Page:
Apple Must Pay $532.9M in iTunes Patent-Infringement Verdict
Texas-based Smartflash LLC alleged in its lawsuit that Apple had infringed on three of the company's data storage and payments systems patents in Apple's iTunes music software.Apple has been ordered by a federal jury in Texas to pay $852.9 million to Smartflash LLC to compensate the company for infringing on several Smartflash patents in Apple's iTunes music software. The verdict was issued by a federal court jury in Tyler, Texas, on Feb. 24, which rejected Apple's arguments that it did not infringe on Smartflash's patents, according to a report by BloombergBusiness. Smartflash alleged in its lawsuit that Apple violated its patents in three ways in iTunes relating to digital rights management and inventions related to data storage and managing access through payment systems, BloombergBusiness reported. "Smartflash claimed that iTunes used the inventions in applications such as Game Circus LLC's Coin Dozer and 4 Pics 1 Movie." Smartflash originally sought $852 million in damages, based on a percentage of Apple's sales of devices that were used to access iTunes, while Apple said that any infringement was only worth about $4.5 million, the story said.
Many critics of U.S. patent laws have been balking for years about companies that simply buy up patents and then go after other companies seeking damages for patent infringement, even though the suing companies didn't make the technology they are suing over. These so-called "patent trolls" have been the subject of lots of discussions and criticism for years in the United States.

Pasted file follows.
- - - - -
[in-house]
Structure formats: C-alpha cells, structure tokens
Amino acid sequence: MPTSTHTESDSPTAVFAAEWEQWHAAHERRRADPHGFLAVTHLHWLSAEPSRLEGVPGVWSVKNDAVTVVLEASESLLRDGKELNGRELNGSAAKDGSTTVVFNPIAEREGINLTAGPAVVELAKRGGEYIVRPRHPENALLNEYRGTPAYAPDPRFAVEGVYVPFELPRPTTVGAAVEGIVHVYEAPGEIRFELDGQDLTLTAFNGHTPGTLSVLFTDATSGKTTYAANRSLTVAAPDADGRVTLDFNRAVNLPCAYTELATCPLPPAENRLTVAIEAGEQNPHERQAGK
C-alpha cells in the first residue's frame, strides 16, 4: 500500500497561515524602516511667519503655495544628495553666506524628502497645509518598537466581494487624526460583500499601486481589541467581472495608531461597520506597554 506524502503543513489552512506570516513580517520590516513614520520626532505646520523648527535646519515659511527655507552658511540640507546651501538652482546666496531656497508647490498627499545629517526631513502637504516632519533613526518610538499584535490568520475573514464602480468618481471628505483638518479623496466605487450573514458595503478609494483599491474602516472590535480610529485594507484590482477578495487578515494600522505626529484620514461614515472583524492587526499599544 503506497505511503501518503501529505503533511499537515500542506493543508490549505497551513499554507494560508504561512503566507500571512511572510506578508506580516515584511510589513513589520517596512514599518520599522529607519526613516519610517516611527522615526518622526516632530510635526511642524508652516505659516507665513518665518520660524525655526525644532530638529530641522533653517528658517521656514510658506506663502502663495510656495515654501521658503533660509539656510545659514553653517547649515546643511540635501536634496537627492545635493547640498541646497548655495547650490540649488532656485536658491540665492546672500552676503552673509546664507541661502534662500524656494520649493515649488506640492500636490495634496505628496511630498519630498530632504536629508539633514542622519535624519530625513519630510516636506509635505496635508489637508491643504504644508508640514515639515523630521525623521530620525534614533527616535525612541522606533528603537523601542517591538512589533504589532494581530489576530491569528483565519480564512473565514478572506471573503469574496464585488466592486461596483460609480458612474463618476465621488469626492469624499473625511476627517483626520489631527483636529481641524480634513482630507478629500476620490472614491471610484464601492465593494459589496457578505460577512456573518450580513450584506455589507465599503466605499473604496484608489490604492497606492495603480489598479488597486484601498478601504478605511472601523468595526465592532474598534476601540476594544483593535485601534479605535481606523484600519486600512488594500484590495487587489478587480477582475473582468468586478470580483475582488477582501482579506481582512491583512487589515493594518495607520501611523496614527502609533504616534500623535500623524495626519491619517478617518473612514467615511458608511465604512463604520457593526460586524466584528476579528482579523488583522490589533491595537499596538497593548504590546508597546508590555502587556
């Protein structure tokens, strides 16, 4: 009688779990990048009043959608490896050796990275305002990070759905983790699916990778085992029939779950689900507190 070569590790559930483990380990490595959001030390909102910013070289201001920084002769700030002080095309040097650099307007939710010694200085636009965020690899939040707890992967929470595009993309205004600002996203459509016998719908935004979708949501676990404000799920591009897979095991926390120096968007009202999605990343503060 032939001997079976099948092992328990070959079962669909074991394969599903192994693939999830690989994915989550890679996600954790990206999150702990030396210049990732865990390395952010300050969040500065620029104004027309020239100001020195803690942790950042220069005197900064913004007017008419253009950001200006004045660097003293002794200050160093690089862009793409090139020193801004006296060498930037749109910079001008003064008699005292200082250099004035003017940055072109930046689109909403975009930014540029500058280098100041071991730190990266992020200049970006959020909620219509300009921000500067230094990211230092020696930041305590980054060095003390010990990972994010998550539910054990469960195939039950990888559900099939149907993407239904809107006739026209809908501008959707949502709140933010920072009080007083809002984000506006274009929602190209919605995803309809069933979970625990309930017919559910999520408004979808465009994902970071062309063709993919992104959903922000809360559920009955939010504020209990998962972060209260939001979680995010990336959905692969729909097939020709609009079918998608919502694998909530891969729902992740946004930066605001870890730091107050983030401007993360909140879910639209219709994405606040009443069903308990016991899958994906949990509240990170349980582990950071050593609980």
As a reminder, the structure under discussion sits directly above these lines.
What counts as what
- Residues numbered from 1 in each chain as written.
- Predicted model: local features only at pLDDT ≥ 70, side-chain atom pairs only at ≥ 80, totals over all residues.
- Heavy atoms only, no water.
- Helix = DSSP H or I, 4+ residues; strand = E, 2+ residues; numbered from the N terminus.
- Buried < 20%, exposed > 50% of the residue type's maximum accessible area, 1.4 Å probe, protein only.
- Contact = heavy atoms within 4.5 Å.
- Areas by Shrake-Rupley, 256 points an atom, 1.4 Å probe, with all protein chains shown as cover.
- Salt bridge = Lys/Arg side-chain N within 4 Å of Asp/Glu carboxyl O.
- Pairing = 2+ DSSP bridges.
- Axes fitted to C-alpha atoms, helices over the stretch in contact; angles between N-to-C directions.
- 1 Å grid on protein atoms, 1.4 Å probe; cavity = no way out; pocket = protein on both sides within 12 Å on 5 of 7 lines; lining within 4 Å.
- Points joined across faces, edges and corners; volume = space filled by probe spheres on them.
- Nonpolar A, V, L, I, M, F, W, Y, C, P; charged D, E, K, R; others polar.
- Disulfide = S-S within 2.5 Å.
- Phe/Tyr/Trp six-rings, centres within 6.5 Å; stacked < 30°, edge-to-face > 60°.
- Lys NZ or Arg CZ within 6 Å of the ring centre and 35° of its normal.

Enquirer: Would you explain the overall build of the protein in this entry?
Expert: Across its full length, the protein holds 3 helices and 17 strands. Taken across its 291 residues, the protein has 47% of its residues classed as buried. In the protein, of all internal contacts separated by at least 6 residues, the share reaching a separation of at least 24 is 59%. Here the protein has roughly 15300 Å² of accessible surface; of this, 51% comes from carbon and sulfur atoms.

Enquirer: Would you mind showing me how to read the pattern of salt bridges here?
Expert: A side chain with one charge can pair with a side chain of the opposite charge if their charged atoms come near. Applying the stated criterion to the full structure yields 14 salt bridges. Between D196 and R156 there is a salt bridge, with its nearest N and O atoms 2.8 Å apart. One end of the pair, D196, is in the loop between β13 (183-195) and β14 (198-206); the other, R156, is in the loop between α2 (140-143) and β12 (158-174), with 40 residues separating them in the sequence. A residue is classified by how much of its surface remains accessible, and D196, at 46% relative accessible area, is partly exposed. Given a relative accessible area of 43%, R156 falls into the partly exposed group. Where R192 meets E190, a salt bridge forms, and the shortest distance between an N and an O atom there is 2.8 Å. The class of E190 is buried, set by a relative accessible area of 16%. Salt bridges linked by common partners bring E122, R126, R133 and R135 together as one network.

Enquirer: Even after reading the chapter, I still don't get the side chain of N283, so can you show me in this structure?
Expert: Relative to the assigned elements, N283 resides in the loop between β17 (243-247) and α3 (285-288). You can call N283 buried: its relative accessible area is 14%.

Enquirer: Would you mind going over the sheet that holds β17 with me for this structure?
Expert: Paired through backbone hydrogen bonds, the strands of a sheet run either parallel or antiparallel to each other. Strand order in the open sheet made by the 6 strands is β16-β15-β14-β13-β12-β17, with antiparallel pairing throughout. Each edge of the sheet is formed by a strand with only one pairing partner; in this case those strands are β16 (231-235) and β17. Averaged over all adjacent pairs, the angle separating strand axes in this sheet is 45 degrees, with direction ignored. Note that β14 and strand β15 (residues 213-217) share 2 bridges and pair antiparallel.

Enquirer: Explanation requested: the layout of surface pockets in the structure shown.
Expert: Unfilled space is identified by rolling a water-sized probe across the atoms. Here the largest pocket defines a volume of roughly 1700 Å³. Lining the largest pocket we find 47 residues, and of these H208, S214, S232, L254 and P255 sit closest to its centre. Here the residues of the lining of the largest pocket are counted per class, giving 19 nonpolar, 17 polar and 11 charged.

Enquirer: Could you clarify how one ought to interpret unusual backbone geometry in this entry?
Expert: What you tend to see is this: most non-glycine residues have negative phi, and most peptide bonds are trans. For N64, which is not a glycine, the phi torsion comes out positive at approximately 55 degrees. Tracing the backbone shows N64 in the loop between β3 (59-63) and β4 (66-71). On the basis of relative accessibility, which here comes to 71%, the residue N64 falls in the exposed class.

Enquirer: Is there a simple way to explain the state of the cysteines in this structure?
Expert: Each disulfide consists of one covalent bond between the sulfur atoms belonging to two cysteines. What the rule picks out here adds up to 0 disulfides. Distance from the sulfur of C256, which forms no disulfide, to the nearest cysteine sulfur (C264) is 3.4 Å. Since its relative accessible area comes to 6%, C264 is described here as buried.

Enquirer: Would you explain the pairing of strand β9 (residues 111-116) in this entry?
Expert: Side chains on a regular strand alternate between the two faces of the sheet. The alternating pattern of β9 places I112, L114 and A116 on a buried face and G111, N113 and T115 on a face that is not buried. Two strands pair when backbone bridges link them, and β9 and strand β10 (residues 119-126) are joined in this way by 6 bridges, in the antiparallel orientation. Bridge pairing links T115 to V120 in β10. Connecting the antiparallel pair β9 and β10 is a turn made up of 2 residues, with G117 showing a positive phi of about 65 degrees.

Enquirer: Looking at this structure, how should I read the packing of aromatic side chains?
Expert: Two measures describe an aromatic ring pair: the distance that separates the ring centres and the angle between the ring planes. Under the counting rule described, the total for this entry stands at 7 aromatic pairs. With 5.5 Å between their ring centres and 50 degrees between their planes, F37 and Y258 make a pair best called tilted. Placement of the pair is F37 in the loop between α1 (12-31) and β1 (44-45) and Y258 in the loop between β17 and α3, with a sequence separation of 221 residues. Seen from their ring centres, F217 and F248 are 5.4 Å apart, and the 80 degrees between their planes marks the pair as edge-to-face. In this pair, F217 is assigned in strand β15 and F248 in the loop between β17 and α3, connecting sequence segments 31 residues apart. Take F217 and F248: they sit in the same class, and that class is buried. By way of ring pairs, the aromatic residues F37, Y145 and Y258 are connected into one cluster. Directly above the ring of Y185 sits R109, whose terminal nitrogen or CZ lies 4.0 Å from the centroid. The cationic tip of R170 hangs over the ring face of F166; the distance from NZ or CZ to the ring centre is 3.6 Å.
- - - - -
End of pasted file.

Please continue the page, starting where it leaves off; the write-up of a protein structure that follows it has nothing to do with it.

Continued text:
In the Smartflash case, the lawsuit was filed in federal court in the Eastern District of Texas because the region "has become known as a hotbed for patent lawsuits and a favorite jurisdiction for lawyers pursuing patent claims," according to a Feb. 25 article by the Associated Press.
In the Smartflash case against Apple, the jury "agreed with Smartflash's argument that Apple used software based on ideas patented by inventor and Smartflash executive Peter Racz, without permission," according to the AP. "The Texas firm alleged that in 2000, Racz met to discuss his ideas with prominent software designer Augustin Farrugia, who was then working for a European company but later joined Apple to work on security programs for its iTunes store."Like other major technology companies, Apple is often mired in patent-infringement cases, as a plaintiff and as a defendant. In 2012, Apple won a $1.05 billion patent-infringement verdict from Samsung that was later lowered and then appealed by Samsung, according to earlier eWEEK reports. That lawsuit involved infringements of features used in Samsung's Galaxy smartphones.